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Deardorff v. Farnsworth

Court of Appeals of Oregon

February 4, 2015

Donald DEARDORFF, an individual; C. Brooke Deardorff, an individual; Allison Deardorff, an individual; and Deardorff Stable, LLC, an Oregon limited liability company, Plaintiffs,
v.
Robert FARNSWORTH, an individual; the Summit Group of Oregon, LLC, an Oregon limited liability company; and Mission Insurance Services, Inc., an Oregon corporation, Defendants-Respondents. and OREGON MUTUAL INSURANCE COMPANY, a California corporation, Defendant-Appellant, and DOES 1-2, Defendants

Argued and Submitted July 9, 2014

Clackamas County Circuit Court. CV10040782. Steven L. Maurer, Judge.

Robert S. May argued the cause for appellant. With him on the briefs was Smith Freed & Eberhard, P.C.

James M. Callahan argued the cause for respondents. With him on the brief was Callahan & Shears, P.C.

Before Armstrong, Presiding Judge, and Egan, Judge, and De Muniz, Senior Judge.

OPINION

Page 688

[268 Or.App. 846] DE MUNIZ, S. J.

The issue in this case is whether the trial court correctly held that defendant Oregon Mutual Insurance Company (OMI) was estopped from relying on an exclusion in an insurance policy. Plaintiffs were transporting horses in California that were owned by others when the trailer carrying the horses caught on fire, killing the horses. The insurers

Page 689

for the horse owners compensated the horse owners for their losses and then filed an action against plaintiffs in California, alleging that plaintiffs had negligently caused the death of the horses. Plaintiffs tendered the defense of the California action to their insurer, OMI. OMI refused to provide a defense for plaintiffs, contending that plaintiffs' insurance policy with OMI did not cover the cost of defending plaintiffs in the action. Plaintiffs also tendered the defense to insurance agent Robert Farnsworth, The Summit Group of Oregon, LLC, and Mission Insurance Services, Inc. (the agency defendants), who, like OMI, refused to provide a defense to plaintiffs. Plaintiffs successfully defended the California action, incurring costs in doing so.

Plaintiffs filed an action in Oregon against OMI and the agency defendants to recover their defense costs.[1] The trial court granted summary judgment for plaintiffs against OMI, concluding that OMI was estopped from denying liability coverage for the loss of the horses and that OMI had breached its written contract when it denied property coverage based on the policy's " other insurance" clause. The trial court also entered summary judgment for the agency defendants, concluding that they were not liable for the defense costs because OMI was estopped from denying liability coverage and was required to pay plaintiffs' defense costs.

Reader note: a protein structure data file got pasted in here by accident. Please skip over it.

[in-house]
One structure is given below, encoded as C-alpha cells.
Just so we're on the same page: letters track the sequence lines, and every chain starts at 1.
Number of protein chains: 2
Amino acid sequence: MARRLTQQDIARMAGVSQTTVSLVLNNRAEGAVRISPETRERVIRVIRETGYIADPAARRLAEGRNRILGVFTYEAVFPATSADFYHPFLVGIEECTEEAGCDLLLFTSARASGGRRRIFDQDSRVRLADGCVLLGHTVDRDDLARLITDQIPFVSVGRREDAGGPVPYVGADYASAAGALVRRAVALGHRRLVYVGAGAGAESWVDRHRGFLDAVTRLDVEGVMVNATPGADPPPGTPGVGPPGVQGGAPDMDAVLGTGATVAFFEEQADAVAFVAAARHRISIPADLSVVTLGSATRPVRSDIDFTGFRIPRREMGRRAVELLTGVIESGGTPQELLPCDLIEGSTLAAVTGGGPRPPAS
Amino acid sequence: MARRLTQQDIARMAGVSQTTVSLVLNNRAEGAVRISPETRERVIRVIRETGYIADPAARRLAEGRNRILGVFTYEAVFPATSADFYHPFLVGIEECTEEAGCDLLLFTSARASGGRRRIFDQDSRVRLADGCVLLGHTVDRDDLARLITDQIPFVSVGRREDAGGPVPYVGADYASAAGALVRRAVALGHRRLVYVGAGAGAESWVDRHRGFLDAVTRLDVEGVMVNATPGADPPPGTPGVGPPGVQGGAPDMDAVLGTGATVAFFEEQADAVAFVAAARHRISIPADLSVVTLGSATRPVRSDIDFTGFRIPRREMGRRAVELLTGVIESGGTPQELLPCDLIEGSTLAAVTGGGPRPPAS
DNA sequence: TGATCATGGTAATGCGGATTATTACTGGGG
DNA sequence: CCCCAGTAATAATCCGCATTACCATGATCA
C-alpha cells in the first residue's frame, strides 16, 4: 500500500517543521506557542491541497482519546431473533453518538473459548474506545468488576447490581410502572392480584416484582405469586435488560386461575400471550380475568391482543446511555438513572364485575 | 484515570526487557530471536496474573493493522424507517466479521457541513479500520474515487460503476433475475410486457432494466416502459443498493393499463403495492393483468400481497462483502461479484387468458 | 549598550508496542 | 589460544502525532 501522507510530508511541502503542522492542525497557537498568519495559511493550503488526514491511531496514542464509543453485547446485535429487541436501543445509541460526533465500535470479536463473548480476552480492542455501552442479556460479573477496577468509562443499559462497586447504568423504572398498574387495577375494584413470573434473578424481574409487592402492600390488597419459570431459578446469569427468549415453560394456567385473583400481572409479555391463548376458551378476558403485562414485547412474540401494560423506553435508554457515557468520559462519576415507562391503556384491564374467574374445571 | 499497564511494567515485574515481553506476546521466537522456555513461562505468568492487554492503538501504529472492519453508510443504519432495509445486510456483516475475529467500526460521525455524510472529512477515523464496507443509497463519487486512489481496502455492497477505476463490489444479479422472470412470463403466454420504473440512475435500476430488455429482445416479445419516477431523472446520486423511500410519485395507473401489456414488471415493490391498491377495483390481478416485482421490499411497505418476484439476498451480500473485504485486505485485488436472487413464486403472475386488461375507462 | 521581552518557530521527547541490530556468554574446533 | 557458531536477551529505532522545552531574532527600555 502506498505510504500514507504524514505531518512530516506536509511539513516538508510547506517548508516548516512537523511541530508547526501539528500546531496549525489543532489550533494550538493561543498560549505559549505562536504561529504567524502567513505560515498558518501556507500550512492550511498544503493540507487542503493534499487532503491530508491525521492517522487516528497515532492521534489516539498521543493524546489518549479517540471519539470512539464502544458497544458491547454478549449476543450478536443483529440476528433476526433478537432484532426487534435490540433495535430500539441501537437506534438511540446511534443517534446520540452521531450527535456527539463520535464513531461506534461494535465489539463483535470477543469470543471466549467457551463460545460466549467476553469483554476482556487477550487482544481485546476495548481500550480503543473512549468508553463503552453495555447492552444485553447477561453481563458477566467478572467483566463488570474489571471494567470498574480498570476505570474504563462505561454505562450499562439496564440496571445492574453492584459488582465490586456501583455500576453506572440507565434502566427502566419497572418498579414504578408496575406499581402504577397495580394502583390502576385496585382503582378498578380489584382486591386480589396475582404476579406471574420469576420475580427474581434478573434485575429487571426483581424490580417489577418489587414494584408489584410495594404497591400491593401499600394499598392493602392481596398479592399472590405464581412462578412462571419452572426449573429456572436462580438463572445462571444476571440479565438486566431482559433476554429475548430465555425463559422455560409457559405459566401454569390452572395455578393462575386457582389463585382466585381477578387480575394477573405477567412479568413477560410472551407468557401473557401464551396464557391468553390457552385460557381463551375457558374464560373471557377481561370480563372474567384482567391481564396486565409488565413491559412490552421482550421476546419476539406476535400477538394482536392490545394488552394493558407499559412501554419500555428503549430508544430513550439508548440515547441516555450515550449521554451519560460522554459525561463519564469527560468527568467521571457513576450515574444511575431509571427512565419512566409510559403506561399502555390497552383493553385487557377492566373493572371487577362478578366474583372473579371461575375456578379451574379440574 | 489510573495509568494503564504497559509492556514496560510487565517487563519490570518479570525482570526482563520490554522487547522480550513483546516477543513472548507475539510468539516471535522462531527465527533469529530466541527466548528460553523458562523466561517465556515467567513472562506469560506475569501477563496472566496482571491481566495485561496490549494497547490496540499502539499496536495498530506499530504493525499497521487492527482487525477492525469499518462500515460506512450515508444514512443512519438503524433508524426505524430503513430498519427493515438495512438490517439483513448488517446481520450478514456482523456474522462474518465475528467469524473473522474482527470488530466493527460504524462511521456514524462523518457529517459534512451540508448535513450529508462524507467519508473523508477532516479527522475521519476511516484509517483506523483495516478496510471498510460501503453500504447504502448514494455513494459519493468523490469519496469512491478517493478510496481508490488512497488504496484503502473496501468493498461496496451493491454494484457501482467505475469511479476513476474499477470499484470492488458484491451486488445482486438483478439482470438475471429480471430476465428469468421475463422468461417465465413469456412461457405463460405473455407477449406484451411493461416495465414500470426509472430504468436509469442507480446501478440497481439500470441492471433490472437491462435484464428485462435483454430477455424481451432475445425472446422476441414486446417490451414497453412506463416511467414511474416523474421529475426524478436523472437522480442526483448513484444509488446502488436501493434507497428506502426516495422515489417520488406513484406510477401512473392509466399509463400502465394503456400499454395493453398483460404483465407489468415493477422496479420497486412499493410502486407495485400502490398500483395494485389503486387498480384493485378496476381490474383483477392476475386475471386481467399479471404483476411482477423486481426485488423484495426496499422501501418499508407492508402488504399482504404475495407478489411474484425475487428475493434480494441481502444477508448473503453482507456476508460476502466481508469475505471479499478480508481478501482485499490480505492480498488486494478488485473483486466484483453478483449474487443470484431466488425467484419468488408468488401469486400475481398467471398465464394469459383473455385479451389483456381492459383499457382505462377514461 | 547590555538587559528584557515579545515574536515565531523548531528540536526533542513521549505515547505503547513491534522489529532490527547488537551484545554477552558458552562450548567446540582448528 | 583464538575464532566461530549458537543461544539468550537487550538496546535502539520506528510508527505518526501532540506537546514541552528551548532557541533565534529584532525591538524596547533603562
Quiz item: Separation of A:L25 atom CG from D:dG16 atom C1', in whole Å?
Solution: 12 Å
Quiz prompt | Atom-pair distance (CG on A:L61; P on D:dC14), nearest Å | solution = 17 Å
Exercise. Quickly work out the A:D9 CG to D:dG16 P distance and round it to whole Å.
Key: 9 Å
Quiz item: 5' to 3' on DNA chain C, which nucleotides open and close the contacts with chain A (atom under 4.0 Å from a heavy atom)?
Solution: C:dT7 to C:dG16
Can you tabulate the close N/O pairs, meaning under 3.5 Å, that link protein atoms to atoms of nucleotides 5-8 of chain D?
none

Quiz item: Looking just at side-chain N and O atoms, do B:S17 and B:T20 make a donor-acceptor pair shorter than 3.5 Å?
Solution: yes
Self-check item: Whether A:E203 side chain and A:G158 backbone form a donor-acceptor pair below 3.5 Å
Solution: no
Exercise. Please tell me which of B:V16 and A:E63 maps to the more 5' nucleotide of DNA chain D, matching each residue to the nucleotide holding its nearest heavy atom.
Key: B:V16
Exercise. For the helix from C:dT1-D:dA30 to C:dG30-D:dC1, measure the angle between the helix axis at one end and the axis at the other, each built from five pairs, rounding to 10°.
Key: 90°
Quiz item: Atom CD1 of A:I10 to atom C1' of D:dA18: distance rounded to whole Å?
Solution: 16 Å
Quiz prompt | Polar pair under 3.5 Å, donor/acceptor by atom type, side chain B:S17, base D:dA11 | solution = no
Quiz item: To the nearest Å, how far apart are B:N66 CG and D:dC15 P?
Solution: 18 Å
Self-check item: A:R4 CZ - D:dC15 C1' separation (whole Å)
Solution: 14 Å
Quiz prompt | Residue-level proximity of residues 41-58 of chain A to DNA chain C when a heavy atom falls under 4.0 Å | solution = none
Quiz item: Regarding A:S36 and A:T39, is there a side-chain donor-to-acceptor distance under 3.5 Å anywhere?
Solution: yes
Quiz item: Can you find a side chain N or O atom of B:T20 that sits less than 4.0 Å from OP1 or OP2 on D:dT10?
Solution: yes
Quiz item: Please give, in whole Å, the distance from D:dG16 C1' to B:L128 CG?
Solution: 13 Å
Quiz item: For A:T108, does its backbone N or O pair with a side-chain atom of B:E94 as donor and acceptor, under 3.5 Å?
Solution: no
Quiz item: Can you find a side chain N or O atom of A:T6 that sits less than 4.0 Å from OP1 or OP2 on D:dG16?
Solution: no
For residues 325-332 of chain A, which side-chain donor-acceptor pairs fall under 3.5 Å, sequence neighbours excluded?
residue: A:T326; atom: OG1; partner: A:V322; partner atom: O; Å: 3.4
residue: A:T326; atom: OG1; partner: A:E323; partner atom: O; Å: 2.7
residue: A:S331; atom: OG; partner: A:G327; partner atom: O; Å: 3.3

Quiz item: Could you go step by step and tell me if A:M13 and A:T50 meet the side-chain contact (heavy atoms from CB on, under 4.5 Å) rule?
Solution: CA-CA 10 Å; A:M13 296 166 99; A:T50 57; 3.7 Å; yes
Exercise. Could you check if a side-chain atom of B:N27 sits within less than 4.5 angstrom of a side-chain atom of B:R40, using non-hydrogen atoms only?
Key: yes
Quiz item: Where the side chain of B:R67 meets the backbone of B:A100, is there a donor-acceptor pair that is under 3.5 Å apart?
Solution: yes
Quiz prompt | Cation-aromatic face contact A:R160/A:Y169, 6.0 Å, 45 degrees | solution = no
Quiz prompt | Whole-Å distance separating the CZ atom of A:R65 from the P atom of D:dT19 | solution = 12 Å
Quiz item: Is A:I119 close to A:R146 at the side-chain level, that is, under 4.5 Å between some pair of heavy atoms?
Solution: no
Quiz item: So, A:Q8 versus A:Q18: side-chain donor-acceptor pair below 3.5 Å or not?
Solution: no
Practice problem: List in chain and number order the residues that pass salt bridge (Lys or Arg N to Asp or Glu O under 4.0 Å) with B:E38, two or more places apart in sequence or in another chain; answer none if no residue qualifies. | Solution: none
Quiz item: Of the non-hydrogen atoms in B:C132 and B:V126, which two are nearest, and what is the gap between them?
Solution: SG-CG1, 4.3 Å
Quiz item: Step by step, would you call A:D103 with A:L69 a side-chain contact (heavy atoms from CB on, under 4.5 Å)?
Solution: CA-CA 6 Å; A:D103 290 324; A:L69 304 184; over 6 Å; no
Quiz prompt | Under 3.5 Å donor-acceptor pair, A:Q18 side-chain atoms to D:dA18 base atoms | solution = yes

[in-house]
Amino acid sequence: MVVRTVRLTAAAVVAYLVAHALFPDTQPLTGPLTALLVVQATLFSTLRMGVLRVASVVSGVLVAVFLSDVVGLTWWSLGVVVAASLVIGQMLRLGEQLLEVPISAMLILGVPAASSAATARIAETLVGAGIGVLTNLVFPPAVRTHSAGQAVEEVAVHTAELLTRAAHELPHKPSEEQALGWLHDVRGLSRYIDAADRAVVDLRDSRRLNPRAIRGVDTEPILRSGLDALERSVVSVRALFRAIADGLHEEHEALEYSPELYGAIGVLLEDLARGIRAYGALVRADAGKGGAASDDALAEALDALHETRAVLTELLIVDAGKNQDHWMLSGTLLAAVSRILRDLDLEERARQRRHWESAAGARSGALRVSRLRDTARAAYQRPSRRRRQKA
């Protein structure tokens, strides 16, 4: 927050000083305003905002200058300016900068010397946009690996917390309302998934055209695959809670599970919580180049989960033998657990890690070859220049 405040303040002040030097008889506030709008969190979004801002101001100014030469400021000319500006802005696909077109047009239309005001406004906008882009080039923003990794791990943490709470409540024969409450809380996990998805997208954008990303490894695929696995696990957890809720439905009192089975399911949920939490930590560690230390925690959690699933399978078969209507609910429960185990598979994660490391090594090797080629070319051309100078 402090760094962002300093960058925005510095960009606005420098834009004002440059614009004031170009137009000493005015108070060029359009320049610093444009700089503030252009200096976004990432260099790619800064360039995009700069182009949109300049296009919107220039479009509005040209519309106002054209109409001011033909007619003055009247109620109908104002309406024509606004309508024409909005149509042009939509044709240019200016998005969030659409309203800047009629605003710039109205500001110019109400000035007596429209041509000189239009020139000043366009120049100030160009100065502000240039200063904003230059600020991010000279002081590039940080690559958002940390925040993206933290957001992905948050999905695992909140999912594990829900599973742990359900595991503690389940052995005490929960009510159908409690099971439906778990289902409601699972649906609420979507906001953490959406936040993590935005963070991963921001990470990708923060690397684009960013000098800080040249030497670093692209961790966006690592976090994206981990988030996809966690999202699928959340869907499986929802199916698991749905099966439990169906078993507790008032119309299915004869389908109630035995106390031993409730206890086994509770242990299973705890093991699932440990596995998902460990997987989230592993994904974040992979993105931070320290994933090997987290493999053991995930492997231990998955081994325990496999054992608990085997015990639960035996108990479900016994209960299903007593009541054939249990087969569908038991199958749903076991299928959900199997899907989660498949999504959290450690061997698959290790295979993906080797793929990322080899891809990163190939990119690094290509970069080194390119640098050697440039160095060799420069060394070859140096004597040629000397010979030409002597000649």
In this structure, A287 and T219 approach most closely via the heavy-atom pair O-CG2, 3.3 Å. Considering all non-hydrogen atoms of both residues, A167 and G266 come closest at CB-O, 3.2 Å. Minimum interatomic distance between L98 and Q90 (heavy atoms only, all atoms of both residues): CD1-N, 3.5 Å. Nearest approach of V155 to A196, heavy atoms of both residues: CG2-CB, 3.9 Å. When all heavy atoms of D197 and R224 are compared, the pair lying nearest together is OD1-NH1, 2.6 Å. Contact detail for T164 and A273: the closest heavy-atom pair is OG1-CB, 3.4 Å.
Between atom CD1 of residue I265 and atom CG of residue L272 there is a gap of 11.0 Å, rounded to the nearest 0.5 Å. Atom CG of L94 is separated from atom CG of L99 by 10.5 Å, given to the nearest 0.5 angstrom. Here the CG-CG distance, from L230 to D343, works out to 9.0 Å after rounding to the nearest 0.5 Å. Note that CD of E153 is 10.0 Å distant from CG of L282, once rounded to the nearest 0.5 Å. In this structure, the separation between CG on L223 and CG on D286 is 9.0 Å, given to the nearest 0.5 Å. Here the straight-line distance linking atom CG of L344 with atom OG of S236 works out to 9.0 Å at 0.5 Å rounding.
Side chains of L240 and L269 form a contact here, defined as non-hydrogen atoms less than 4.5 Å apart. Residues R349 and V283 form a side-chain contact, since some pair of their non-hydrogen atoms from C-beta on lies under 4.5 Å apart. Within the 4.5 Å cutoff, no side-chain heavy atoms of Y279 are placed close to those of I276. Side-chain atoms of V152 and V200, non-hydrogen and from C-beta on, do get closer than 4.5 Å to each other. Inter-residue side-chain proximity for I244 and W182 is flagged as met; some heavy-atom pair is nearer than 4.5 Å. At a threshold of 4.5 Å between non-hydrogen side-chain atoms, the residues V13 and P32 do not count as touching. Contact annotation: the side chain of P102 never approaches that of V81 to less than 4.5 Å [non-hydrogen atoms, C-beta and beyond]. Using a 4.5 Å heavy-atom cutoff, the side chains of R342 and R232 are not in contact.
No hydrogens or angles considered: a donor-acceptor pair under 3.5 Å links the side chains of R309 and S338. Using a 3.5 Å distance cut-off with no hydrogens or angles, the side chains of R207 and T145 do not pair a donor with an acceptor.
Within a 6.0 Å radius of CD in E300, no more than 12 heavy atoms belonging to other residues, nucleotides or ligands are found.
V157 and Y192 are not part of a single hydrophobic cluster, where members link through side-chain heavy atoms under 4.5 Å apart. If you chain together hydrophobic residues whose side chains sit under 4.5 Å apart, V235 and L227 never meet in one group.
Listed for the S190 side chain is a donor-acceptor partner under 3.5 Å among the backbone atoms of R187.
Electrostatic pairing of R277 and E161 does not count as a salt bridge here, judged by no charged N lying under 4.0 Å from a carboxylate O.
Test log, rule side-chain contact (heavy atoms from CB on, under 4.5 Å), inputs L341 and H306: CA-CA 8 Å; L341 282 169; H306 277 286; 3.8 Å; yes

Following the trial court's summary judgment rulings, plaintiffs and OMI reached a settlement agreement, leaving OMI and the agency defendants as the remaining parties to the action. As part of the settlement, plaintiffs [268 Or.App. 847] assigned their claims against the agency defendants to OMI. OMI, seeking to recover the amount that it had paid to plaintiffs in the settlement,[2] then filed a cross-claim against the agency defendants for indemnity and filed a motion for reconsideration of the trial court's previous rulings. The trial court denied OMI's motion for reconsideration regarding estoppel and granted the agency defendants' motion for summary judgment on OMI's cross-claim. OMI appeals the judgment entered on the summary judgment rulings.

On appeal, OMI raises multiple assignments of error. First, it challenges the trial court's grant of summary judgment to plaintiffs on the ground that OMI was estopped from relying on provisions of its policy to deny liability coverage for the loss of the horses. Second, OMI argues that the trial court erred in granting the agency defendants' summary judgment motion based on the trial court's ruling that OMI was estopped from denying care, custody or control (CCC) liability coverage to plaintiffs. Within the second assignment of error, OMI challenges the trial court's grant of summary judgment for agency defendants on OMI's cross-claim for indemnity.

Because the trial court granted summary judgment to the agency defendants, we must decide whether there are any genuine issues of material fact and whether the agency defendants are entitled to judgment as a matter of law.[3]See Double Eagle Golf, Inc. v. City of Portland, 322 Or. 604, 606, 910 P.2d 1104 (1996) (the court must determine whether the party that moved for summary judgment is entitled to judgment as a matter of law). When reviewing a trial court's grant of summary judgment, we view the evidence and all reasonable inferences to be drawn from it in the light most ...


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